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Must the Poor Always Wait? 1st December 2003

Article by Sean Healy, entitled Must the Poor Always Wait?, published in The Irish Times 1st December 2003

Ireland’s poorest people have waited far too long. For years successive Governments have promised to eliminate poverty when adequate resources were available. Some progress was made on this commitment in recent years with the substantial increase in jobs and the decrease in the number of people unemployed. But the proportion of the population living in poverty is higher now than it was in 1987. And that poverty line is not high – it is equivalent to €175 a week for a single person in 2003.

The failure of Government strategy in tackling poverty can be found, in part, when we look at the groups that are living in poverty. More than 56% of these live in households headed by a person who is not in the labour force. They are ill or retired or have a disability that keeps them out of the labour force or are in that category called “on home duties”.

As they are not in the labour force in the first place a strategy that suggests a job will solve their poverty is not sufficient. They rely on social welfare payments and that is why the level of social welfare rates is such a crucial issue in tackling poverty in Ireland today.

The current national agreement Sustaining Progress contains a commitment by Government to benchmark the lowest social welfare rates at 30% of average industrial earnings. This was the target set in the Government’s own National Anti-Poverty Strategy and it is to be reached by 2007. If this benchmark is to be honoured in Budget 2004 the lowest social welfare payments must rise by at least €12 a week for a single person and €20 for a couple on Wednesday next.

But that is not the whole explanation for Ireland’s persistent high poverty rates. An analysis of Ireland’s spending on social protection against that of other EU countries is very telling. Social protection expenditure is defined by Eurostat to include spending on: sickness/health care, disability, old age, survivors, family/children, unemployment, housing and social inclusion initiatives not elsewhere classified. Using either GDP or GNP, Ireland’s spending on social expenditure stands out as the lowest in Europe. There remains a considerable gap between Ireland and the next lowest country, Spain.

Side by side with this low social expenditure Ireland’s total tax take is the lowest in the EU. In recent years Ireland has evolved into a low- tax economy. During the last year the OECD published a review which showed that Ireland collected a lower proportion of GDP in tax than any other country across the European Union. A recent CORI Justice Commission analysis has updated these figures following Budget 2003.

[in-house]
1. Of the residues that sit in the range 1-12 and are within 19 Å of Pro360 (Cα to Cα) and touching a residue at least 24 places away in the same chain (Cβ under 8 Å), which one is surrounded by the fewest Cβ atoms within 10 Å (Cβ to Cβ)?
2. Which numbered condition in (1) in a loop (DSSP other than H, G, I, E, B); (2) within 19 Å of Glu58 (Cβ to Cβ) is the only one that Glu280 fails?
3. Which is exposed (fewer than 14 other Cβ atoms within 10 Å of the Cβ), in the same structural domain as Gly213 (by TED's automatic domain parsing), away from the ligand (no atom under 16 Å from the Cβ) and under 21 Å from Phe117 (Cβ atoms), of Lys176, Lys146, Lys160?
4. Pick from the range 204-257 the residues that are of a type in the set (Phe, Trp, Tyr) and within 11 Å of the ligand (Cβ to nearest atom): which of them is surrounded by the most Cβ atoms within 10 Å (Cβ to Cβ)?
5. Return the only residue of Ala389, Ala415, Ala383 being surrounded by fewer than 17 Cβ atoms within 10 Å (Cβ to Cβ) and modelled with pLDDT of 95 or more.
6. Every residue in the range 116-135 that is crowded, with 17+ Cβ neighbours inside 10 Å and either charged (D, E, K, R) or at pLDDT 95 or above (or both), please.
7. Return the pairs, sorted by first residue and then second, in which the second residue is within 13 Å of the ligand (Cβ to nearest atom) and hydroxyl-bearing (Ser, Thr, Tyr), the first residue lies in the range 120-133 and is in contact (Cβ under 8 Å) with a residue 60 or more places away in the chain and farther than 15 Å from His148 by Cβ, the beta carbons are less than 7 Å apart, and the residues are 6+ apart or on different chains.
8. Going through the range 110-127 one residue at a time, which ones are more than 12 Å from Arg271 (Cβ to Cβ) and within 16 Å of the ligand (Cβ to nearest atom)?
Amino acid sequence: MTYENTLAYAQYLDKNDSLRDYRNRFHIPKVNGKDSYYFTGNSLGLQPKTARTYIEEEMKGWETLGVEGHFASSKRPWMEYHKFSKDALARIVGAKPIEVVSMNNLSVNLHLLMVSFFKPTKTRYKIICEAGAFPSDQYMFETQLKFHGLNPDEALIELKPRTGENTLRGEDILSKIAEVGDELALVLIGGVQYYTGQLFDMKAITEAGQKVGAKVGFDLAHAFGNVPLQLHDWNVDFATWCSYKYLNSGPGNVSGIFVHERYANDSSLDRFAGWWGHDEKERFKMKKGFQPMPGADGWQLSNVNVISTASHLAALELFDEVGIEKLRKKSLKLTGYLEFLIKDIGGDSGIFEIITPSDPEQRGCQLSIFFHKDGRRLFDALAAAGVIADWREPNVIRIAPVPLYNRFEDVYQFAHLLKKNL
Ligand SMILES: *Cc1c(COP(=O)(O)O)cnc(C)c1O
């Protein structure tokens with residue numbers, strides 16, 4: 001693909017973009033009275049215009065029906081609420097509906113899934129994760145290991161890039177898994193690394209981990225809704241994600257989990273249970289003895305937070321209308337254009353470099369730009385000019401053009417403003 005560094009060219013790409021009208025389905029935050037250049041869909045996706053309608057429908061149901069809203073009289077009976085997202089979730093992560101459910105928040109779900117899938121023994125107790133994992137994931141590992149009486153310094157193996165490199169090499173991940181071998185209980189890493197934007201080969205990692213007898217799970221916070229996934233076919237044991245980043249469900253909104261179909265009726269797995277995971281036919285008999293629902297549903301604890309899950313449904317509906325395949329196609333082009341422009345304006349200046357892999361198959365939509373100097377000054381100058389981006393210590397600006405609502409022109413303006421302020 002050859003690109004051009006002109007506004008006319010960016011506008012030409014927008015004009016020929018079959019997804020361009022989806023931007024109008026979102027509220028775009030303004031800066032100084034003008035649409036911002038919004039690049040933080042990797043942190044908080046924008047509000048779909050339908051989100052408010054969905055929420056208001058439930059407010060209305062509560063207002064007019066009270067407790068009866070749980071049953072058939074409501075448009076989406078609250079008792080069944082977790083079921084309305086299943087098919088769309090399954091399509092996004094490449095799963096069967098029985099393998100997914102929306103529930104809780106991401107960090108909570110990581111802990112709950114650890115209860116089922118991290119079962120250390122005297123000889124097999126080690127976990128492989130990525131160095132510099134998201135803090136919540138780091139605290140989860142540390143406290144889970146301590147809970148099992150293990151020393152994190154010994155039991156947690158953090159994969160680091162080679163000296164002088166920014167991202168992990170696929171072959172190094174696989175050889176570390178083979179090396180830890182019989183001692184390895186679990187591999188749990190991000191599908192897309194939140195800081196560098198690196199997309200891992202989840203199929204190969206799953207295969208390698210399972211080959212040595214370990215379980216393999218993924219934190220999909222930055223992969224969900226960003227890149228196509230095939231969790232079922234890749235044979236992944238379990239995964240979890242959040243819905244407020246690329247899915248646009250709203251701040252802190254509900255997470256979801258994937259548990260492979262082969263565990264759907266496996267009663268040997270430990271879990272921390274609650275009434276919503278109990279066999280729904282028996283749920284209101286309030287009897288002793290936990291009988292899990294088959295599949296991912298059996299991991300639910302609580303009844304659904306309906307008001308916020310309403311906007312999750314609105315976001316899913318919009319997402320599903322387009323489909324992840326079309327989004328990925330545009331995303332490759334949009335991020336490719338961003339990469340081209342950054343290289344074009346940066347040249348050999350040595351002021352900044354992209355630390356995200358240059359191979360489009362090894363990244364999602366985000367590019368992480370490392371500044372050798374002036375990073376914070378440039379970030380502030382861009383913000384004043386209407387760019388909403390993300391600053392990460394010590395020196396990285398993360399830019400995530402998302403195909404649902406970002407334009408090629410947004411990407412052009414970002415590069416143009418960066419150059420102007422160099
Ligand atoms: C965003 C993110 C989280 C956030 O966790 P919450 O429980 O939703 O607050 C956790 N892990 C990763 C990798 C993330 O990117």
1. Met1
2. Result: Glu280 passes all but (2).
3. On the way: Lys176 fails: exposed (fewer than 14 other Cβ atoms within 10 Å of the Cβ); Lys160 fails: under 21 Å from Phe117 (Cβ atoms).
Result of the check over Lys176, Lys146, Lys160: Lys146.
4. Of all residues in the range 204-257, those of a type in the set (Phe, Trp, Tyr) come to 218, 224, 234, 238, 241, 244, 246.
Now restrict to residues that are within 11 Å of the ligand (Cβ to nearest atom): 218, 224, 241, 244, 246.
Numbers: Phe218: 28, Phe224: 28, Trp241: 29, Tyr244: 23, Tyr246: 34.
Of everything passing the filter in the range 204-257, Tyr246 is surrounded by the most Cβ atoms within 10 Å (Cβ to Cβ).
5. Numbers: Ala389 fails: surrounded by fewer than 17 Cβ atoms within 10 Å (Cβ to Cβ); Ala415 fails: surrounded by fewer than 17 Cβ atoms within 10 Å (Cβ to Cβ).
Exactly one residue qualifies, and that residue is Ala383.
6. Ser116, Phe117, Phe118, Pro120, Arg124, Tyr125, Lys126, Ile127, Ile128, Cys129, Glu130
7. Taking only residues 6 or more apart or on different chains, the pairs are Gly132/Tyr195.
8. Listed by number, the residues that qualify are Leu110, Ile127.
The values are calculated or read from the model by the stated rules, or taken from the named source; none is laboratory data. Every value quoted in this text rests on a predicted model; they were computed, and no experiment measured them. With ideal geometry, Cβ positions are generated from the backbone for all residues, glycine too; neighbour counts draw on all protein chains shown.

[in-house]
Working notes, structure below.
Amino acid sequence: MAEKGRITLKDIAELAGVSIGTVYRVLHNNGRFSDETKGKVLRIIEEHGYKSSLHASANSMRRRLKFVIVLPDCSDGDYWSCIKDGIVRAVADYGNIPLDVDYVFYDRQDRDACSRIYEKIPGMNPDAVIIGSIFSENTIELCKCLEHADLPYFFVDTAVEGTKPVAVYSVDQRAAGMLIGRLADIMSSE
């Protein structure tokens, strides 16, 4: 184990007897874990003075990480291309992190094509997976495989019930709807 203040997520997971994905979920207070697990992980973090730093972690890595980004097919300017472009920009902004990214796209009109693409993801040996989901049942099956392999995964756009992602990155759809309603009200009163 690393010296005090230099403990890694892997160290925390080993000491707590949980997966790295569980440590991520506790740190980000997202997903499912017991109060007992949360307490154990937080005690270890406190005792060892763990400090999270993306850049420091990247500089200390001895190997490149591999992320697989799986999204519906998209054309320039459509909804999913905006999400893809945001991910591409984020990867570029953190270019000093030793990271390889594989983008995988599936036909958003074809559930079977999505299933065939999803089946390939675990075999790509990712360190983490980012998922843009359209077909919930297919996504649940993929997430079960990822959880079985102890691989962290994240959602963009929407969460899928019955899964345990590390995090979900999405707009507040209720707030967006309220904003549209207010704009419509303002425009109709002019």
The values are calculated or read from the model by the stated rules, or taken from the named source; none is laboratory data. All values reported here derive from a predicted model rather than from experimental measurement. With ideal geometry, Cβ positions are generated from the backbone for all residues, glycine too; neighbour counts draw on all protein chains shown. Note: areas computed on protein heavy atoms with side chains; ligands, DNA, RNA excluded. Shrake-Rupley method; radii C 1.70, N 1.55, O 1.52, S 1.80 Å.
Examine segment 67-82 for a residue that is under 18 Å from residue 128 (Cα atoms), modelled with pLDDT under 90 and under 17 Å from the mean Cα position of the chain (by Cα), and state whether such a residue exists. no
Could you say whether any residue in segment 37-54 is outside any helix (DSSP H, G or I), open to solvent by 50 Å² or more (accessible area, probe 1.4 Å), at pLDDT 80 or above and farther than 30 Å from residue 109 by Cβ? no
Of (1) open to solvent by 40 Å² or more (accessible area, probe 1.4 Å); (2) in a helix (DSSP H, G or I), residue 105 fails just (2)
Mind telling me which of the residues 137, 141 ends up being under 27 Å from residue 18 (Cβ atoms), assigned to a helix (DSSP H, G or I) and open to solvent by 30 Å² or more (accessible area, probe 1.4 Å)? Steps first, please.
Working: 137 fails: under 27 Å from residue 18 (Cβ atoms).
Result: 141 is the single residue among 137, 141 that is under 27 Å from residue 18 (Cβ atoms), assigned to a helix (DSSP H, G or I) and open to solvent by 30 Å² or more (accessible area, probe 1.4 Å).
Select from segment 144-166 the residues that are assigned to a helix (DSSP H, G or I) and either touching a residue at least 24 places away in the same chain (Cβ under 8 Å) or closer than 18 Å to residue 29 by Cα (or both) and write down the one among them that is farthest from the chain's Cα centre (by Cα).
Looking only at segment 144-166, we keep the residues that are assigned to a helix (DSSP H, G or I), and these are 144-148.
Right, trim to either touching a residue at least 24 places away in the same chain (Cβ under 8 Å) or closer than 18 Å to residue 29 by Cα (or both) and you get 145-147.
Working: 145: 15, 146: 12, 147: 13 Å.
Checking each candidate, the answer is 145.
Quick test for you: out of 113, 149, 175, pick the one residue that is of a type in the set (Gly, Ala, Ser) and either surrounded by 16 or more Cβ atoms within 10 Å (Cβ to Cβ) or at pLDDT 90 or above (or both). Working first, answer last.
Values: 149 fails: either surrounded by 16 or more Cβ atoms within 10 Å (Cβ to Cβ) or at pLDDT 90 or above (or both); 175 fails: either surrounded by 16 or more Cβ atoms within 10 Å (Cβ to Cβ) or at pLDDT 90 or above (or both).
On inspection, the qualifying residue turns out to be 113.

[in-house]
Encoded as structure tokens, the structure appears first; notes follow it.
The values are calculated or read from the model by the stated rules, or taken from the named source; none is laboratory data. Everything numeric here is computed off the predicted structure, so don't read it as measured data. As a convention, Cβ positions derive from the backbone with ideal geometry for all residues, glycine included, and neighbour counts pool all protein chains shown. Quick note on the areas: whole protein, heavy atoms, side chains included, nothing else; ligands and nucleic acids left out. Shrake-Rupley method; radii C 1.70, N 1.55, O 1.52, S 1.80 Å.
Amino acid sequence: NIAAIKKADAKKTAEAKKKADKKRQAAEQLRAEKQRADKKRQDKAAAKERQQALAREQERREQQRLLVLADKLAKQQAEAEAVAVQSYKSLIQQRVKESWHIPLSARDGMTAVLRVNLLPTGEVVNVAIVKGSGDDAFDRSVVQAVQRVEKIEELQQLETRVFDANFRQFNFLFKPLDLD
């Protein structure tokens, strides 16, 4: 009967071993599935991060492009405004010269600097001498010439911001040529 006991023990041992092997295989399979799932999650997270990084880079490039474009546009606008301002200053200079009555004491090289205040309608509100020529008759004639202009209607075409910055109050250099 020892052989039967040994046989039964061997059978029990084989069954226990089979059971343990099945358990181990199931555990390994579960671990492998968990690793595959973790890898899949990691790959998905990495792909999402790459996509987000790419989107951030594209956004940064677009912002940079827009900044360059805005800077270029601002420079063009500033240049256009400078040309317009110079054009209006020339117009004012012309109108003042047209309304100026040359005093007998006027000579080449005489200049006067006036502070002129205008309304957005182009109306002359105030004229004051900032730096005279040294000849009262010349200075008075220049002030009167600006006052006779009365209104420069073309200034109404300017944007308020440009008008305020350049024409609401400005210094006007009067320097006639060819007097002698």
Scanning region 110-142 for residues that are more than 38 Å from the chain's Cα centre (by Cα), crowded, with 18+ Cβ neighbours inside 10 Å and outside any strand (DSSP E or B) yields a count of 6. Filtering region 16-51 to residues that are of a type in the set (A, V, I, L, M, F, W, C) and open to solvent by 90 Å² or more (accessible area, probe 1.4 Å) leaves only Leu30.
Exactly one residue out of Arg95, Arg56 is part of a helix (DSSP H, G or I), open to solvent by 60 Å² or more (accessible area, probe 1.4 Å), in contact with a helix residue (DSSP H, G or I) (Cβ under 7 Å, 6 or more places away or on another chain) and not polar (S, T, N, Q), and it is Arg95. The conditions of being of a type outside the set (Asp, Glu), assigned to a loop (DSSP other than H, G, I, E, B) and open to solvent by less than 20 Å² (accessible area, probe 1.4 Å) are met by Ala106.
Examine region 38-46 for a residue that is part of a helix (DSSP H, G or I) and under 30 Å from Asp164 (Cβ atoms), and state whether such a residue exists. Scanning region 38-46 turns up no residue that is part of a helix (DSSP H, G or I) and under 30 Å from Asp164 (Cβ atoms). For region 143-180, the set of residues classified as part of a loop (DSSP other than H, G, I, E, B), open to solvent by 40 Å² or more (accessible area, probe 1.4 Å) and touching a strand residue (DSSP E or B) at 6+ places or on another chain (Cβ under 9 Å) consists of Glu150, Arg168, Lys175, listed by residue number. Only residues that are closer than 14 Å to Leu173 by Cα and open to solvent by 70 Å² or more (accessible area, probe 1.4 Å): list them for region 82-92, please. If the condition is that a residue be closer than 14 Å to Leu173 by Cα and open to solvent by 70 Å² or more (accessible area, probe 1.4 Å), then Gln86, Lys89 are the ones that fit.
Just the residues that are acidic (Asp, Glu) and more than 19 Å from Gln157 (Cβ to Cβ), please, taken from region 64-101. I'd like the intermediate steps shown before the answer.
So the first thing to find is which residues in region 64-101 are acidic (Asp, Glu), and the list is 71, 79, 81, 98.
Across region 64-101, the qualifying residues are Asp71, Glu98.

Ireland also has one of the worst rich/poor gaps in the EU.. The most recent data on income distribution, from the 2000 HBS, indicates a further shift in the distribution of Ireland’s income towards the well off. In 2000, the top 10% of the population received 25.90% of the total income while the poorest 50% only received 23.29%.

The widening rich/poor gap and the rising numbers living in relative income poverty are not an accident. Rather, they flow directly from Government policy. For example, the gap between an unemployed person and a person on €50,000 a year has widened by €276 a week (€14,350 a year) over the past six years as a result of this Government’s budget decisions.

Ireland continues to display serious deficits in its infrastructure and social provision. In a European context our roads, railways, IT broadband and transport systems compare badly. Similarly, our growing poverty rates, unequal income distribution, growing rich/poor gap and under-equipped health, education and social housing systems represent the most visible signs of the extensive gaps in our social provision. In the context of continued economic growth and per capita income well above the European average, the opportunity to address these deficits is available.

Ireland’s total tax-take needs to be raised to be the second lowest in the EU. This increase should not come from income tax or employee PRSI which are close to the EU average. Rather it should be collected through a number of initiatives such as the elimination of tax expenditures that are simply state handouts to the wealthiest in the country. The standard-rating of tax breaks which benefit the better off more than those who are poor would also be a step in the right direction. The CORI Justice Commission’s Policy Briefing on Budget Choices lists a range of options that Government could follow to raise its total tax-take in an equitable and fair way. This is necessary if poverty and social exclusion are ever to be addressed on a sufficient scale in Ireland.

In the years of economic growth and prosperity the gap between rich and poor has further widened. Never before has the distribution of income in Ireland been so unequal. New Government priorities are urgently required.

A society is measured by how it treats its most vulnerable people. By this measurement Ireland is failing dismally. Government can go some way towards rectifying the imbalance in its Budget decisions next Wednesday. Honouring its benchmarking commitments on the lowest social welfare rates should be the Budget’s number one priority.

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